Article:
Room after room, a parallel but not apocryphal Emilian psychogeography emerges. The vision of four young musicians - Giovanni, Massimo, Annarella, Danilo - who synthesised with punk irreverence and post-modern stratification an epic and an iconography that brought together the Apennines of army choirs, the Emilian countryside of Liscio dance halls and of work tools, here elevated to the status of performative mediums, with Xerox-printed paper cut-outs and the concrete of Soviet brutalism. Cow chains used as  belts, the yoke to accompany the dances, hammers, sickles and bicycle wheels, the Bersagliere helmet sported by Annarella with a black leather biker jacket, the chassis of a rusty Fiat tractor. Emilian-Soviet simulacra that re-emerge from sheets sketched with situationist precision by Danilo Fatur and then brought back into the present around a totem, a beech trunk pierced with nails like a half-spiritual, half-punk Saint Sebastian in the centre of the room dedicated to the album Socialismo e Barbarie (1987).

Le stanze dei Chiostri di San Pietro diventano il palco dell'ultima performance stabile dei CCCP – Fedeli alla Linea. Foto: Michele Lapini.
The Chiostri di San Pietro in Reggio Emilia are the stage of the last performance of dei CCCP – Fedeli alla Linea. Photo: Michele Lapini.

A conceptual thread that can be traced in the twenty-eight photographs, almost all unpublished, by Luigi Ghirri taken at Villa Pirondini to narrate the band’s latest album Epica Etica Etnica Pathos. As the footage of a Ghirri-shot unpublished home video rolls, Annarella poses against the wall of the abandoned 18th century mansion which the group took over to record their swan song, in what CCCP define as “a before without an after”. It brings to mind the candour of her youth in Fellegara, the first home of CCCP. The Emilian countryside barn that became a recording studio and, before that, a meeting place for crafty punks, farmers, budding journalists in search of an intellectual future. “Not a commune, but a communal house that went mad as it aged”.

Embodying the band’s identity, both graphic and musical, is a July 1987 headline in Italian newspaper Corriere della Sera: ‘Liscio and punk dreaming of the USSR’.

Among the most illustrious pieces that punctuate the magnificent display is the large octagonal table that once belonged to the Reggio Emilia headquarters of the PCI and at which, it is rumoured, [Italian communist leader] Togliatti sat. Built by communist workers under the fascist regime, it was abandoned and defaced so that it would not fall into the hands of the partisans after the fall of Mussolini, only to be later rehabilitated by the party. This and other objects rescued from its historical headquarters (like a Lenin bust), embody first of all with the materiality of their wood and iron all the weight of the 20th century in this corner of Italy. But also what, symbolically, the group incarnated with their enigmatic but deflagrating austerity in the Italian countercultural scenario.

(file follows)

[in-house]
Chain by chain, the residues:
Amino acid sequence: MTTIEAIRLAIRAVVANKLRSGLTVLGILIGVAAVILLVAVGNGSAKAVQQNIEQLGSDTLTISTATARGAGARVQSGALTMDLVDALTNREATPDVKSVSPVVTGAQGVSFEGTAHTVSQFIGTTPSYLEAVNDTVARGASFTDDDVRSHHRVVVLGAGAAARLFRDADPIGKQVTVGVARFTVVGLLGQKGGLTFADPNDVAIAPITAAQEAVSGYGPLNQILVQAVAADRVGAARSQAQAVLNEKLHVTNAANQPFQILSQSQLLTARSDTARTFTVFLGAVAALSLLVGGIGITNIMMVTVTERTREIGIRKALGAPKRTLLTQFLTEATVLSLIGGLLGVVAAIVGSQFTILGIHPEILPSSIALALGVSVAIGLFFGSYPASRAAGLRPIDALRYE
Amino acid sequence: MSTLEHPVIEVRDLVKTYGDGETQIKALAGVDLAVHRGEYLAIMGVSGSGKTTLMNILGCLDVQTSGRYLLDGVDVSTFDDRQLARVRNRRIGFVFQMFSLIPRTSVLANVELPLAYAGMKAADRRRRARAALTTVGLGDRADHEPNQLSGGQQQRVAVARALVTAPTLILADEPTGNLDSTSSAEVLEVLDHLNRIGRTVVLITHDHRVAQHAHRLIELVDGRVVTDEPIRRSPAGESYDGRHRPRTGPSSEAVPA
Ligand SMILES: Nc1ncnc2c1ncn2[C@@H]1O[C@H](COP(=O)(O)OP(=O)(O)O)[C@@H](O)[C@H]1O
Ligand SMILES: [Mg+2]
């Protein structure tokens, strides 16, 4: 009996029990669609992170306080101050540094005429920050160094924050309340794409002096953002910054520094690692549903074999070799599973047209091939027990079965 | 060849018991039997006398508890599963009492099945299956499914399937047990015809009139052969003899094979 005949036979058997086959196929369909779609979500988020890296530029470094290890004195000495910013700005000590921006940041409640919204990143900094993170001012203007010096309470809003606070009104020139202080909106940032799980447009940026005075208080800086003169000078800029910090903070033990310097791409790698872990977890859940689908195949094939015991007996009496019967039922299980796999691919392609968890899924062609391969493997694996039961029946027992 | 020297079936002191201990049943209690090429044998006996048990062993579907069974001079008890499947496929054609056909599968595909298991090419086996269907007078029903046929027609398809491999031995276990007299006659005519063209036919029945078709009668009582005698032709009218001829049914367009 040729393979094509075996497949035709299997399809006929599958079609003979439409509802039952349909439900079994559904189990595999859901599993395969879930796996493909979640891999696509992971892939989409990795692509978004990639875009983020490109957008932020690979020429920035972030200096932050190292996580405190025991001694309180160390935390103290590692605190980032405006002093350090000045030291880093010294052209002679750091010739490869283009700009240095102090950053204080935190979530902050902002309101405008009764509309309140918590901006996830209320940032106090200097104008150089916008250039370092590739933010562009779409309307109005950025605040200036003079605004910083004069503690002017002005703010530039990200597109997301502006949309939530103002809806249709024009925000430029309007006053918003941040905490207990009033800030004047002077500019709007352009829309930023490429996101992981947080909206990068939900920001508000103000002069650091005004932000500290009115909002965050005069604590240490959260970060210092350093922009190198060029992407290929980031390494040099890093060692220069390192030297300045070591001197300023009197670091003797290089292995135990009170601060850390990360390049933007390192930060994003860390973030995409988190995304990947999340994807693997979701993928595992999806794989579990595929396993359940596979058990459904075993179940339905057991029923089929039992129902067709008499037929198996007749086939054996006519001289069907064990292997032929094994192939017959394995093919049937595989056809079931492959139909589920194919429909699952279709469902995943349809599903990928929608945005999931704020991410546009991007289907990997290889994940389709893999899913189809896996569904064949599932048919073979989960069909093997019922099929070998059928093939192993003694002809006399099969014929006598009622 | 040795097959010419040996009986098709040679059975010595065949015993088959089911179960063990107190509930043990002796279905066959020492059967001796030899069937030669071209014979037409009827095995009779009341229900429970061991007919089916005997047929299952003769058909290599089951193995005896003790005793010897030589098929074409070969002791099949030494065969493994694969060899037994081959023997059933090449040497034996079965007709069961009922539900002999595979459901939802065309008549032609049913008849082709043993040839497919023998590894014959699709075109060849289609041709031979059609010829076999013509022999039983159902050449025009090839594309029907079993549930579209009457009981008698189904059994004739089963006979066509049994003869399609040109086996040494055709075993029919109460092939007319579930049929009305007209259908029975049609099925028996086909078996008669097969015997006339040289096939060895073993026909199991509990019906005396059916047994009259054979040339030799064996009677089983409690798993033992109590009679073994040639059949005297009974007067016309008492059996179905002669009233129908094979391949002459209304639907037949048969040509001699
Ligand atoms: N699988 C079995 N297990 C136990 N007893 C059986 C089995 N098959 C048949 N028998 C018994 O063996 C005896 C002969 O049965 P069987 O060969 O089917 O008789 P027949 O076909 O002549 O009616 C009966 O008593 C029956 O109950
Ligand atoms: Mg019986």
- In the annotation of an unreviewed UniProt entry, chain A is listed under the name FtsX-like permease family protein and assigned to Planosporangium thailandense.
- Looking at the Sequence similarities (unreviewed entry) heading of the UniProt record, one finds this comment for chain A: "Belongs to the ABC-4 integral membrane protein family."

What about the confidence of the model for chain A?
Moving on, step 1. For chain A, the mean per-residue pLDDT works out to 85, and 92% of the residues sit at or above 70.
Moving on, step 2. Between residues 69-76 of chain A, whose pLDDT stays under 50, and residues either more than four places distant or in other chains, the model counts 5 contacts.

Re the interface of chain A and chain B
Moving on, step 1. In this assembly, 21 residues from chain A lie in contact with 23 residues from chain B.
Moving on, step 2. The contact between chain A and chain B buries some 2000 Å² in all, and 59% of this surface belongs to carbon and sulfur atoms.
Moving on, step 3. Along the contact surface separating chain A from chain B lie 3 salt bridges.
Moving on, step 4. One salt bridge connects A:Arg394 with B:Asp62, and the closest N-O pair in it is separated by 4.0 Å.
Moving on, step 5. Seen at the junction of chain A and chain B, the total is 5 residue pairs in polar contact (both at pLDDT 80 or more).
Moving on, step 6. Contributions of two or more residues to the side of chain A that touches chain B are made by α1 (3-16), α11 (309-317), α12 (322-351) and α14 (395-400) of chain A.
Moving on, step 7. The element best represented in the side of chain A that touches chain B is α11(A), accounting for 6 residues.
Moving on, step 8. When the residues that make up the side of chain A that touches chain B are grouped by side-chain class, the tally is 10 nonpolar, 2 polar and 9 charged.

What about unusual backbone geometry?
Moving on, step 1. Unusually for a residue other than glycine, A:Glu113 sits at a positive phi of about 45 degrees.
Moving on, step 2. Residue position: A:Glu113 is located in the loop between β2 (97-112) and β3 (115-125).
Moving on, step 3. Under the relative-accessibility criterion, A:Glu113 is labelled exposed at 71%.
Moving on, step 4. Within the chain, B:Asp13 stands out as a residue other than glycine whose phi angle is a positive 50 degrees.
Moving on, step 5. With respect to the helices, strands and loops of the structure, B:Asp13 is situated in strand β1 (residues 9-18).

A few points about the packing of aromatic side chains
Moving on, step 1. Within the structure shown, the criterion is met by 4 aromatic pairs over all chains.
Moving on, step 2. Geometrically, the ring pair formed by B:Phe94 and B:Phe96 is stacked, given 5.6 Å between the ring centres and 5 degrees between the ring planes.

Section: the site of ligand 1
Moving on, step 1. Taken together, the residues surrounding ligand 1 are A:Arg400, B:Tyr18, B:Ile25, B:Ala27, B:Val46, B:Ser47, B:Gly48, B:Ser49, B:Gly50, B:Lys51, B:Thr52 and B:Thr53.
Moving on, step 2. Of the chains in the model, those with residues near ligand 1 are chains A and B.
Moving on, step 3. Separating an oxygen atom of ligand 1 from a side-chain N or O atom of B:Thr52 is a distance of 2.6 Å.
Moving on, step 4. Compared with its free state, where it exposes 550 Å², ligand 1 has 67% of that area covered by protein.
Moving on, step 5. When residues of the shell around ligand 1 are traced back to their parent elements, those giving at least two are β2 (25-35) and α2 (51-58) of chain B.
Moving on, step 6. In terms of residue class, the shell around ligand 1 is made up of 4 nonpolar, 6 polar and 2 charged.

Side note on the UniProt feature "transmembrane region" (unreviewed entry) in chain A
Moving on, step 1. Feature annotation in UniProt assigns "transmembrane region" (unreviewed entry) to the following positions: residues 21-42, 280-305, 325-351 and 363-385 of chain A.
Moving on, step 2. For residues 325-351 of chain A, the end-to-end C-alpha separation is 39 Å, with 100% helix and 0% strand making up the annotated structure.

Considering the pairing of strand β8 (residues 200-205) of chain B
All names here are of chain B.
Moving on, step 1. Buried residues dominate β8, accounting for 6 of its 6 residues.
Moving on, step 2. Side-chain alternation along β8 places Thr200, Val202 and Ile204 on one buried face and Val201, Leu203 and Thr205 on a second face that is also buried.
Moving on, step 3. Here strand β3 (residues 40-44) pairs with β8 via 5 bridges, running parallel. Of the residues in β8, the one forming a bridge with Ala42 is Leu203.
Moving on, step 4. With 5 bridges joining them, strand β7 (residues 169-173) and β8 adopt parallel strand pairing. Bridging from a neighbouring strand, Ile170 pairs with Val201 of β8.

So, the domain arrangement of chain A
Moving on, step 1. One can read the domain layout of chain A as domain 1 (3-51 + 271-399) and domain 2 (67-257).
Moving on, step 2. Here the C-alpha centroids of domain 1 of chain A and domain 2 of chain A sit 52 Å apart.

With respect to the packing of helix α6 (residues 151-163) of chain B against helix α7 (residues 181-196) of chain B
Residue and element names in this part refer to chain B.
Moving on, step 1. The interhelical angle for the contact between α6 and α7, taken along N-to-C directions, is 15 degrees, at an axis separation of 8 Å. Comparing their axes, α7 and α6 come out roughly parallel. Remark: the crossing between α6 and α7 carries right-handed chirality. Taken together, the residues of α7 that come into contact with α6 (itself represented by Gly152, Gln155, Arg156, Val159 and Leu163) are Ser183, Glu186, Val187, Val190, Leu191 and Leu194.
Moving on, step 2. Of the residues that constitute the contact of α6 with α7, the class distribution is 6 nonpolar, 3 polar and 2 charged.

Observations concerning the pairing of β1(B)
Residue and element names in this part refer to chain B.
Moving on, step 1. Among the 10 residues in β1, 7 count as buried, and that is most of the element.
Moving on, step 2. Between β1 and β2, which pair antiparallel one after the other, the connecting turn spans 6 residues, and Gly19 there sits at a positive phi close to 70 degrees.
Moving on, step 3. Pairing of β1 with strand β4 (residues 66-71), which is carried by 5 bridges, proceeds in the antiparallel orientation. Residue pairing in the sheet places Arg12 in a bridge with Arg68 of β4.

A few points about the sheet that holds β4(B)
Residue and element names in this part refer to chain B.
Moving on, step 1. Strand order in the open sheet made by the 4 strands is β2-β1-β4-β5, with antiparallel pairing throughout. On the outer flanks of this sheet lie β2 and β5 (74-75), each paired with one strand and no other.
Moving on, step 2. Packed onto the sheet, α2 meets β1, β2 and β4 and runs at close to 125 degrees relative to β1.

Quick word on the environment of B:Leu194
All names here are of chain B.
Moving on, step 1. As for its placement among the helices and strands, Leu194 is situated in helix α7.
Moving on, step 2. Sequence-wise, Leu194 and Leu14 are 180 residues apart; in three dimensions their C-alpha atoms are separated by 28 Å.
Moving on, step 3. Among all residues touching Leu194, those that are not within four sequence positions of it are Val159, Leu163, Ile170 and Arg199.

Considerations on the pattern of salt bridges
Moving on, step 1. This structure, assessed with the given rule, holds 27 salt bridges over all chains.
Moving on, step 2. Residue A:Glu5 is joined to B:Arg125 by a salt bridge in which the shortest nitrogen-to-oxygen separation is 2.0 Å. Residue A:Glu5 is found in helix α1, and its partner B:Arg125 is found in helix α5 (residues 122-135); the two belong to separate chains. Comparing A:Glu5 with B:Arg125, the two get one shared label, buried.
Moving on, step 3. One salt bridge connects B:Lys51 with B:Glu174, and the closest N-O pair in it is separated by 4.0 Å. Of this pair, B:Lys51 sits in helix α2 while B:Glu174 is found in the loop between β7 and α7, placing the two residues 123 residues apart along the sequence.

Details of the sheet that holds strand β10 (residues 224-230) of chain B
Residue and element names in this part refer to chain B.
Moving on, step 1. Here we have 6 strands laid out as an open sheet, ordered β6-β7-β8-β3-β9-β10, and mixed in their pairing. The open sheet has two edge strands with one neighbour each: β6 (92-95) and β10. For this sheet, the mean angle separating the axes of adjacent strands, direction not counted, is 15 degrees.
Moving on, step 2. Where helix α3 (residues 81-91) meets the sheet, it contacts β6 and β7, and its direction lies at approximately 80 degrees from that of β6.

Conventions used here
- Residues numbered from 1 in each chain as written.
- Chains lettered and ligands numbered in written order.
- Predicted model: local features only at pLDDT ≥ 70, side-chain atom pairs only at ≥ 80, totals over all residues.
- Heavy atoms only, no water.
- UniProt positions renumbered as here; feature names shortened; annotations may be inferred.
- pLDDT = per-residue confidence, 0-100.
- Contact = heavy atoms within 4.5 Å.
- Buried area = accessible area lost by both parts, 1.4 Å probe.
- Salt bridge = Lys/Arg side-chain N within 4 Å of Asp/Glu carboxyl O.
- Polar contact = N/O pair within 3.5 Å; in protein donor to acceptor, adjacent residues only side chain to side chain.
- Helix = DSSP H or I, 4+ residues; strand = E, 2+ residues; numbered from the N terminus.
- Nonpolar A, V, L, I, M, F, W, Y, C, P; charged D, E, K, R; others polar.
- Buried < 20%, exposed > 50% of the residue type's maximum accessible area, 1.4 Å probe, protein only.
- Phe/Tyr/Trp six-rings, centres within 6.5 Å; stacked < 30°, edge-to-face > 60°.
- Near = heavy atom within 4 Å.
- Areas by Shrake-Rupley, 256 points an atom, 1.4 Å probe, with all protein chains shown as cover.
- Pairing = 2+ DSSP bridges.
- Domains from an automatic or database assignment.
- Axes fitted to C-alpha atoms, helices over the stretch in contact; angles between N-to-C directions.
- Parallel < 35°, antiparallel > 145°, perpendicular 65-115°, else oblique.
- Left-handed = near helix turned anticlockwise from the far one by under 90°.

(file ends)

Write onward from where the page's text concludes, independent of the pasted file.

Il tavolo della sede di Reggio Emilia del Pci a cui, leggenda narra, sedette Togliatti diventa un totem attorno a cui si raccolgono ora i CCCP e le loro memorie. Foto: Michele Lapini.
The octagonal desk of the Reggio Emilia headquarters of the Italian Communist Party becomes a totem around which CCCP gathered their memories for one last time. Phot: Michele Lapini.

The flyers, tapes, and photographs sketch a map of an Italian underground that from the paranoid Emilia – as CCCP sang – of Carpi’s Tuwat club, and of their historic debut on a fascist-style balcony in Santarcangelo di Romagna, to Florence’s Flog, carrying on South to Melpignano, Puglia, home of Le Idi di Marzo, the first Italian pro-Soviet rock festival, and culminating in March 1989, just a few months ahead of the fall of the Berlin Wall, in Moscow and Leningrad.

On display one can admire the work and armywear that CCCP first glamourised in Italy, at a time when the post-punk youth had a fascination for all things military including uniforms, shirts, coats, overalls and their shades of beige, green and grey influenced by the decadent charme of the Weimar Republic revival. The very same the band members still wear with grace these days.